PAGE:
U.S. markets closed
  • S&P 500

    -27.29 (-0.72%)
  • Dow 30

    -177.24 (-0.57%)
  • Nasdaq

    -114.10 (-0.87%)
  • Russell 2000

    -32.15 (-1.49%)
  • Crude Oil

    -0.32 (-0.61%)
  • Gold

    -2.20 (-0.12%)
  • Silver

    -0.04 (-0.14%)

    -0.0071 (-0.58%)
  • 10-Yr Bond

    -0.0320 (-2.83%)

    -0.0104 (-0.76%)

    +0.0250 (+0.02%)

    +1,400.12 (+4.00%)
  • CMC Crypto 200

    -33.21 (-4.52%)
  • FTSE 100

    -66.25 (-0.97%)
  • Nikkei 225

    -179.12 (-0.62%)

‘I think the market is extremely pleased’: Wells Fargo Asset Management on Fed maintaining asset buys

Wells Fargo Asset Management Kirk Hatman joined Yahoo Finance Live to break down what investors should look for as the Fed decided to maintain asset buys until the economic recovery has seen progress.

Video Transcript

SEANA SMITH: For more on how the market is reacting to what we heard from the Fed today we want to bring in Kirk Hartman. He's a President and Global Chief Investment Officer at Wells Fargo Asset Management. And Kirk let's just start with what we did hear from the Fed, Brian just breaking that down for us saying that the Fed pledging to keep rates low, asset purchases there until the economy makes quote, substantial future progress on the labor market and also in relation to its inflation goals. How is the market, how are investors viewing or how should they view what we just heard from the Fed?

KIRK HARTMAN: Well, I think the market is extremely pleased. I mean the Fed purchase announcement that they would continue to purchase $120 billion a month to me is significant. The concern is that the markets seem to be absolutely priced for perfection. The markets clearly expect next year that the S&P is going to hit 4,000 and that would be another up 10%. The market is clearly anticipating that the rollout of the vaccine will go smoothly and the market is clearly anticipating that earnings surprises from corporations will continue to be maintained. And I hope all those things continue but you do have to have a little bit of concern about risk given where these markets are.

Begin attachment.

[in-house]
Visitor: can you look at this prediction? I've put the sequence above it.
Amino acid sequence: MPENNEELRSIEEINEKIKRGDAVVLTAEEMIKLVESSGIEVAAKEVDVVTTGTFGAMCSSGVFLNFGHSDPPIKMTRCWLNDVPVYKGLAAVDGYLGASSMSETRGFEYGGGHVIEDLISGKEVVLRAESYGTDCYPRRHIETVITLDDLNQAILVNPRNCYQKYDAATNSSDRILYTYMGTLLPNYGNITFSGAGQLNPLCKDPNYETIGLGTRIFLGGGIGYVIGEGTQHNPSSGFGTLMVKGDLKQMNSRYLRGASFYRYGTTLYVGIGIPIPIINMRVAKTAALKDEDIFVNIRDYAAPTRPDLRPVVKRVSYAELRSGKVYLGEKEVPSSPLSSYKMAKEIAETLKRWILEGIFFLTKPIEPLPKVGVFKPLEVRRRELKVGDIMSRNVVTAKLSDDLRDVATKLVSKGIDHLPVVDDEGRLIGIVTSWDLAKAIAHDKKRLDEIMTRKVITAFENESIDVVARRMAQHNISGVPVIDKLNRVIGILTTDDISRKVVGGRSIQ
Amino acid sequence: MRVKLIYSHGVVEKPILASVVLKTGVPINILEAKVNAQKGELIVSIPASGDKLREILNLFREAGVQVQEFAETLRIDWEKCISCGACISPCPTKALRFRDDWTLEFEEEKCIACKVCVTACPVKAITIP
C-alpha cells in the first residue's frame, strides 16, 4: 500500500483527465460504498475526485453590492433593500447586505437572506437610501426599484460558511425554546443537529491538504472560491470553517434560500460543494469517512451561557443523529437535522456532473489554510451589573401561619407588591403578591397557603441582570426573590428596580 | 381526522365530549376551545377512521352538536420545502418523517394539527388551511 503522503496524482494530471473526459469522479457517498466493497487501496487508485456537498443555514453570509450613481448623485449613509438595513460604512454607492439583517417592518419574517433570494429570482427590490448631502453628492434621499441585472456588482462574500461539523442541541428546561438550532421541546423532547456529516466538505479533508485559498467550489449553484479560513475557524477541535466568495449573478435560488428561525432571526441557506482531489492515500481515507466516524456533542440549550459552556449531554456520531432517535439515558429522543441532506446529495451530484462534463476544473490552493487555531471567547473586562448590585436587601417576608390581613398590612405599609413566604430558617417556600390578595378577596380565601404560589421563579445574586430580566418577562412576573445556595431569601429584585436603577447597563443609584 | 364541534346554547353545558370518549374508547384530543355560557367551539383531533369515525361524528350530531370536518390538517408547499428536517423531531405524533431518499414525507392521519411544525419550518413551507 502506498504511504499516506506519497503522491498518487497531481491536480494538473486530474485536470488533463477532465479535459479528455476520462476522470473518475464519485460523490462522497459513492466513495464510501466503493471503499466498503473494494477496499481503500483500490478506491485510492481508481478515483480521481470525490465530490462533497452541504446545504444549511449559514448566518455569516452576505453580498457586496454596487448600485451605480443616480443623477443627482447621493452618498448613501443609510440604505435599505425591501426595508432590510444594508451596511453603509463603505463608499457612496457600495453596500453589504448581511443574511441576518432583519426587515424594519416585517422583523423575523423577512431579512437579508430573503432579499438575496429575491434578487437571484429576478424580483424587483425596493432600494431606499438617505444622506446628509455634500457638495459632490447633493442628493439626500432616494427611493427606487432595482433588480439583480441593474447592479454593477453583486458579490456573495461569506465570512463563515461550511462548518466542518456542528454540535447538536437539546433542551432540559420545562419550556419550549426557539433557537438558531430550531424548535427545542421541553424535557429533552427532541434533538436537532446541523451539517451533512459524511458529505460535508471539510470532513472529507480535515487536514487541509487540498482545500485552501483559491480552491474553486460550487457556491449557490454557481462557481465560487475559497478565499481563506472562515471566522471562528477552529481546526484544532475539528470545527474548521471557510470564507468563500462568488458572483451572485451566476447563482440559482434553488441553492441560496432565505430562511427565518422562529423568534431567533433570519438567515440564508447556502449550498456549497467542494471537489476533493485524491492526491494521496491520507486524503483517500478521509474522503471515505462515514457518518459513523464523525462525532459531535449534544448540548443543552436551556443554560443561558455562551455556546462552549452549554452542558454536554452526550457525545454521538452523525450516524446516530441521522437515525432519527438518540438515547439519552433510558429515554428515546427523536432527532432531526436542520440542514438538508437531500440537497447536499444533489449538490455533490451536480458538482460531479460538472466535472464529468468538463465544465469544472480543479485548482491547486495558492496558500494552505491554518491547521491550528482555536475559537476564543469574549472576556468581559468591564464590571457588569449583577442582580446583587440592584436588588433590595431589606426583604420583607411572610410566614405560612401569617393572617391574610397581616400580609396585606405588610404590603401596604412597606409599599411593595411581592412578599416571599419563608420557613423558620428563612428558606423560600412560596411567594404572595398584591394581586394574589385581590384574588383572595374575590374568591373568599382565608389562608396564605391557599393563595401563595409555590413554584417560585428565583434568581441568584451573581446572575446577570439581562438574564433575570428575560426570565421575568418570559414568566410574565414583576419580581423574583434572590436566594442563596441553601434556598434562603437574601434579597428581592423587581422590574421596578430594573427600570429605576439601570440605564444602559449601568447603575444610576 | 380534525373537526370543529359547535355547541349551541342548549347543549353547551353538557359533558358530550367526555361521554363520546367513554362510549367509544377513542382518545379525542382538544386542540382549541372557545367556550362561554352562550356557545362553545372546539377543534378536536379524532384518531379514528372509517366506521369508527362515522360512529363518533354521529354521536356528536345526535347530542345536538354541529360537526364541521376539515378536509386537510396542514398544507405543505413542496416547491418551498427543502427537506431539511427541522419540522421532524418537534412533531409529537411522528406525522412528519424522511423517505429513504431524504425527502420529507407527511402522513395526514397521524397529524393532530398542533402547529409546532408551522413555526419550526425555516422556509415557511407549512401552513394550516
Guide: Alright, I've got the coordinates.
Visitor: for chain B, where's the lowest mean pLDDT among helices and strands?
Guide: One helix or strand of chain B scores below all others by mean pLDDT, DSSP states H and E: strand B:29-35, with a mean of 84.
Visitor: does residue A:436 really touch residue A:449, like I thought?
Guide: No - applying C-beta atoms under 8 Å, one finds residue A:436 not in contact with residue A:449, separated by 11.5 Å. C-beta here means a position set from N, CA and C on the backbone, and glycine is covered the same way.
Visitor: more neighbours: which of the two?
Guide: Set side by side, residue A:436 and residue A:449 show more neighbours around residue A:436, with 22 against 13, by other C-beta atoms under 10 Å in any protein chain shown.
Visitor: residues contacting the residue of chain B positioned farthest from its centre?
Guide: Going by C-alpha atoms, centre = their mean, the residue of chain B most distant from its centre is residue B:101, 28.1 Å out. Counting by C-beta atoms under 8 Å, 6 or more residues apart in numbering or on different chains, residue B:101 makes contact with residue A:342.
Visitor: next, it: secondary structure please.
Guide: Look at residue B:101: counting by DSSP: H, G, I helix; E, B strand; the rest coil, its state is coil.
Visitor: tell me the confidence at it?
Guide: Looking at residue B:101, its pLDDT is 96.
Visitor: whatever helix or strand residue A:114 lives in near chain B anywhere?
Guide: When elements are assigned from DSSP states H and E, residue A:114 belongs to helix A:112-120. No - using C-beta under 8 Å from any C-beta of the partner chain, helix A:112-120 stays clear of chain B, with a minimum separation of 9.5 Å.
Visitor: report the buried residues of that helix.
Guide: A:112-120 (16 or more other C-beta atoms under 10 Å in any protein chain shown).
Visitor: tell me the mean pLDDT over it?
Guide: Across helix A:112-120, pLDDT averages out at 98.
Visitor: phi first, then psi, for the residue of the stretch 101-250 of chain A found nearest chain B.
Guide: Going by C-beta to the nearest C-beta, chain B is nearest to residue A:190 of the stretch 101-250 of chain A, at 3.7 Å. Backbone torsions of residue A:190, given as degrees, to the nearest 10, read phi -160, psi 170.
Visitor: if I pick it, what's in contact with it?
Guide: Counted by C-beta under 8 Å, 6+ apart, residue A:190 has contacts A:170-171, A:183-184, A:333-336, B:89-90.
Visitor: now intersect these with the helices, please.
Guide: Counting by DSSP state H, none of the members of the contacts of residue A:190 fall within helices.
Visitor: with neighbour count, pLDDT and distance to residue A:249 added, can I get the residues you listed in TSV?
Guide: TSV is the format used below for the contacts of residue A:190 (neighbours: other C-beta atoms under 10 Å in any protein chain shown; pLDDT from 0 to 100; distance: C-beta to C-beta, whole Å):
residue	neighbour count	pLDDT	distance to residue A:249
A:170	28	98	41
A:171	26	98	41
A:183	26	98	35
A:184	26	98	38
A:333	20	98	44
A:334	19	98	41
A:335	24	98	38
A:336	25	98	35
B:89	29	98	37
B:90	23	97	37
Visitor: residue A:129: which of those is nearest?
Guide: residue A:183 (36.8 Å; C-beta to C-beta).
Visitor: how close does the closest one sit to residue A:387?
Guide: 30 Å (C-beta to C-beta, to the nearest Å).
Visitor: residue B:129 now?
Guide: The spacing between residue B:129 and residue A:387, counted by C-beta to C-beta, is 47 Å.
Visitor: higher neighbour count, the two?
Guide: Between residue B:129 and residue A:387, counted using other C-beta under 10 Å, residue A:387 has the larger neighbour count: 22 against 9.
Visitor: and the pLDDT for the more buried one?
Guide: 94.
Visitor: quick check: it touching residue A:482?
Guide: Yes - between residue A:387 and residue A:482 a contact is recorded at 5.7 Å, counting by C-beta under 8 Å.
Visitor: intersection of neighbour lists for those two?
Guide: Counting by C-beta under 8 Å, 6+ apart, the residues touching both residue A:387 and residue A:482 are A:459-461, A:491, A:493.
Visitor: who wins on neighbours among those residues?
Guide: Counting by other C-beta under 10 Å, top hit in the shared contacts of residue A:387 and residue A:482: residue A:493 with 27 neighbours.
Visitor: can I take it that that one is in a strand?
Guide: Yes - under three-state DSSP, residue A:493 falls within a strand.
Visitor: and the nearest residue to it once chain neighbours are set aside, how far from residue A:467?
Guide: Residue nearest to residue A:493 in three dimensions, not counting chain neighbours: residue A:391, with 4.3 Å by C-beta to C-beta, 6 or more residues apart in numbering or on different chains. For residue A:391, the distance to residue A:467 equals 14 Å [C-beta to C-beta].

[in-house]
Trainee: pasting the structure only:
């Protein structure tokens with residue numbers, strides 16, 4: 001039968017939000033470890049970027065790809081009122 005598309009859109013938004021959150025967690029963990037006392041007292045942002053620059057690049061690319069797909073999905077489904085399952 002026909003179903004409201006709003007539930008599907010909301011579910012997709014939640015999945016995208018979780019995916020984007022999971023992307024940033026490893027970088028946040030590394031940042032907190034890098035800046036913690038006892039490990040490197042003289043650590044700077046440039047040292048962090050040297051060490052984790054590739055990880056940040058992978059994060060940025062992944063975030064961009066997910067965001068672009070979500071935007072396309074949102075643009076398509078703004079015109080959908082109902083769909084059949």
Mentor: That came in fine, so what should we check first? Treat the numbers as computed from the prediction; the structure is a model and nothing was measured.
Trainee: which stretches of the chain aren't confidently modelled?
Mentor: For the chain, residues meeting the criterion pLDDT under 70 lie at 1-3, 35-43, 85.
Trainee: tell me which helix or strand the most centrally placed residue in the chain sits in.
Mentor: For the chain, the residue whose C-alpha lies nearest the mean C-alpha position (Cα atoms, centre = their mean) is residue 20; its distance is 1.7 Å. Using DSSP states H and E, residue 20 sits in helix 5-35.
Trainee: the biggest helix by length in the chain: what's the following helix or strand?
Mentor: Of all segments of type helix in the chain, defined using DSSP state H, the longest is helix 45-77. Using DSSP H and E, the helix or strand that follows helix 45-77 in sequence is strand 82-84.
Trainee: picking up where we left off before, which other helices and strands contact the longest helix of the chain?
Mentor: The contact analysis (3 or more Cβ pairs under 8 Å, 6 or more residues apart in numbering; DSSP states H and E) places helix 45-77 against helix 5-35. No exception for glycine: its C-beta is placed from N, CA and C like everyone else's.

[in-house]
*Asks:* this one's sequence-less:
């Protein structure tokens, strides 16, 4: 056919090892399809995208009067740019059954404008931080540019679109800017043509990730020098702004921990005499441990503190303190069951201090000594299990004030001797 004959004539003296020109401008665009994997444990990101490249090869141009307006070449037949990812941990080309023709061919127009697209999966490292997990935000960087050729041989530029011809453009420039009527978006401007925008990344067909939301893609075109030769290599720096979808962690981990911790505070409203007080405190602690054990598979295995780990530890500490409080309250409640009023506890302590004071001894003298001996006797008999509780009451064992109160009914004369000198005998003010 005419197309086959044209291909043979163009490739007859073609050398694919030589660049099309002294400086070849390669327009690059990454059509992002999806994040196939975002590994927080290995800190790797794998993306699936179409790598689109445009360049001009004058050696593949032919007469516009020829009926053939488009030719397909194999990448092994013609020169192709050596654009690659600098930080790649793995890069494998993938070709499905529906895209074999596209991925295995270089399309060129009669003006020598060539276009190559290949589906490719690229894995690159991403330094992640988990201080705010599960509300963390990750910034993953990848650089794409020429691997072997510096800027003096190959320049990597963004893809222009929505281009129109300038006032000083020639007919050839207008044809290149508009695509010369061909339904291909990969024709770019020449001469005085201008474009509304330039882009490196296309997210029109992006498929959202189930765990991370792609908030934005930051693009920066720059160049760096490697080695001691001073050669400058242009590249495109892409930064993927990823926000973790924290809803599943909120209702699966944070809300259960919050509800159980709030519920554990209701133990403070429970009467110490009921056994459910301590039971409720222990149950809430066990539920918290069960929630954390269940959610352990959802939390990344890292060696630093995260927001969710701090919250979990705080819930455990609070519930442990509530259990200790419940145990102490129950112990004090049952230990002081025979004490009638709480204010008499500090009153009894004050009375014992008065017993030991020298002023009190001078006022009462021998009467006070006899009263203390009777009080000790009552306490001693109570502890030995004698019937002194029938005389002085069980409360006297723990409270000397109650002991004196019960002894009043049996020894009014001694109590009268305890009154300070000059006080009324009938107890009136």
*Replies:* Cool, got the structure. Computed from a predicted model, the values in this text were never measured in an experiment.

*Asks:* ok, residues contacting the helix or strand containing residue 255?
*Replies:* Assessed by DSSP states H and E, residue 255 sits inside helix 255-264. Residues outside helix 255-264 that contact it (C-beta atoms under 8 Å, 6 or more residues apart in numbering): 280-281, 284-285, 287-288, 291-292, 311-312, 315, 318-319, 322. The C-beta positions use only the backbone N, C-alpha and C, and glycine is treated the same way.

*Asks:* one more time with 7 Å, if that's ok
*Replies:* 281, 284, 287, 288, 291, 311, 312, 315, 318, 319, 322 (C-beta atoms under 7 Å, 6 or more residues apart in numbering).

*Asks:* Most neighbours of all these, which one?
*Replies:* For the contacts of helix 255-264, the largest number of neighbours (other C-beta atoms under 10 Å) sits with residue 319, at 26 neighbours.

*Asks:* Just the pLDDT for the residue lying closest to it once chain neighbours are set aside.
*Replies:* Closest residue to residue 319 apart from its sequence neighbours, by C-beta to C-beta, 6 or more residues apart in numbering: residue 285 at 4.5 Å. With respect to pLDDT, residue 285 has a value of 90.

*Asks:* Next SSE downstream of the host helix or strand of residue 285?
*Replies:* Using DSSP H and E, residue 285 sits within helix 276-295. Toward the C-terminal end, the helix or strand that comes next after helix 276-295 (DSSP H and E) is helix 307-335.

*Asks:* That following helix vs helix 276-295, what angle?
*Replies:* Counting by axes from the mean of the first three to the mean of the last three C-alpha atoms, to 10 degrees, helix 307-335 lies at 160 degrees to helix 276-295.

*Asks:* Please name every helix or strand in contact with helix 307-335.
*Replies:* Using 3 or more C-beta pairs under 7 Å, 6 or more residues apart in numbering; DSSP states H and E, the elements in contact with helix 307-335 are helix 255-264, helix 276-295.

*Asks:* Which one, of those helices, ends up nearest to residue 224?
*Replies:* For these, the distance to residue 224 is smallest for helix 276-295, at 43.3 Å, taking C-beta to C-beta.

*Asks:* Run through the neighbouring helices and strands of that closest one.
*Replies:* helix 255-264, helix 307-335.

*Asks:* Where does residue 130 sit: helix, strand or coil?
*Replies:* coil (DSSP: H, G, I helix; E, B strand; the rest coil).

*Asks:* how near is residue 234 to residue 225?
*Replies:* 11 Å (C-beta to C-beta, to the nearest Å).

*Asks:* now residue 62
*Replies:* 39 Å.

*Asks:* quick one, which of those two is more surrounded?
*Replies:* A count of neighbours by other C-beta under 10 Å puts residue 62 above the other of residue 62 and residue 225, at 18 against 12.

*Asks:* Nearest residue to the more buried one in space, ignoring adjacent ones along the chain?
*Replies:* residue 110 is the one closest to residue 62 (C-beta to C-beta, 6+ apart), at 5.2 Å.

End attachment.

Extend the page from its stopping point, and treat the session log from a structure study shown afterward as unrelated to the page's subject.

ADAM SHAPIRO: And when you hear Jay Powell say, as Brian was just pointing out, the next four to six months will be dark, are investors making a mistake right now dismissing that warning as they pour into this market?

KIRK HARTMAN: I don't think they're missing a warning but I do think you have to be concerned. And to me what you have to distinguish as a professional investor is always worried about risk. So as good as these markets are I think you have to have one eye on the risk factor. My recommendation would be given all the stimulus, the bond purchase, the maintenance of rates at 0, I think you are going to get a boost in the markets at the beginning of the year. And my recommendation would be once you get that boost then I would look to pare it back. But it's hard to argue with these fundamentals here, there's so much money in the system and clearly, the Fed indicated today that it was going to continue.

SEANA SMITH: With all that in mind then, Kirk, you're saying market's priced to perfection, although we could see a boost here at least at the start of next year. How should investors be positioned, meaning what do you see I guess leading us higher here at least in the short term and then how should investors hedge some of that risk?

KIRK HARTMAN: Well, I think what you want to look for is a rotation to the cyclicals. So I don't think you want to sell your technology stocks but I certainly wouldn't look to overweight them any more. I do think you have to look at things in the beginning of the year when the markets run of raising more cash or maybe doing something like after the markets start to run look at out of the money puts on the S&P, those kind of mechanisms.

I think you need to diversify and the thing that I worry about the biggest risk in my mind in everybody's portfolio is duration. Everybody is long duration tech stocks and everybody has a lot of bonds, which are long duration. So to me the wild card here could be a surprise in terms of a rising inflation. Health care costs are going up, housing costs are going up and the other thing that gave me a little bit concern today in the comments was I think entitlement spending will continue to go up, especially if unemployment, high levels of unemployment are persistent. So something's got to give but so far it looks pretty good.

ADAM SHAPIRO: When you say diversify, can you help us understand what that would look like in today's terms? Should we be looking as part of that maybe corporate debt that would yield higher than say, Treasuries, what does that look like?

KIRK HARTMAN: Well I think you want to look at short dated corporates. I think you want to look at other areas, for instance, I think I would anticipate a weaker dollar. So I think that interestingly areas outside of the US are going to look pretty good. And I think what I think is a key measure to me, are the 494 stocks other than the big five and now Tesla going to continue to catch up. So that's the area I would probably, I would overweight the 494 and probably underweight the big six which has really been the ones that are powering the market.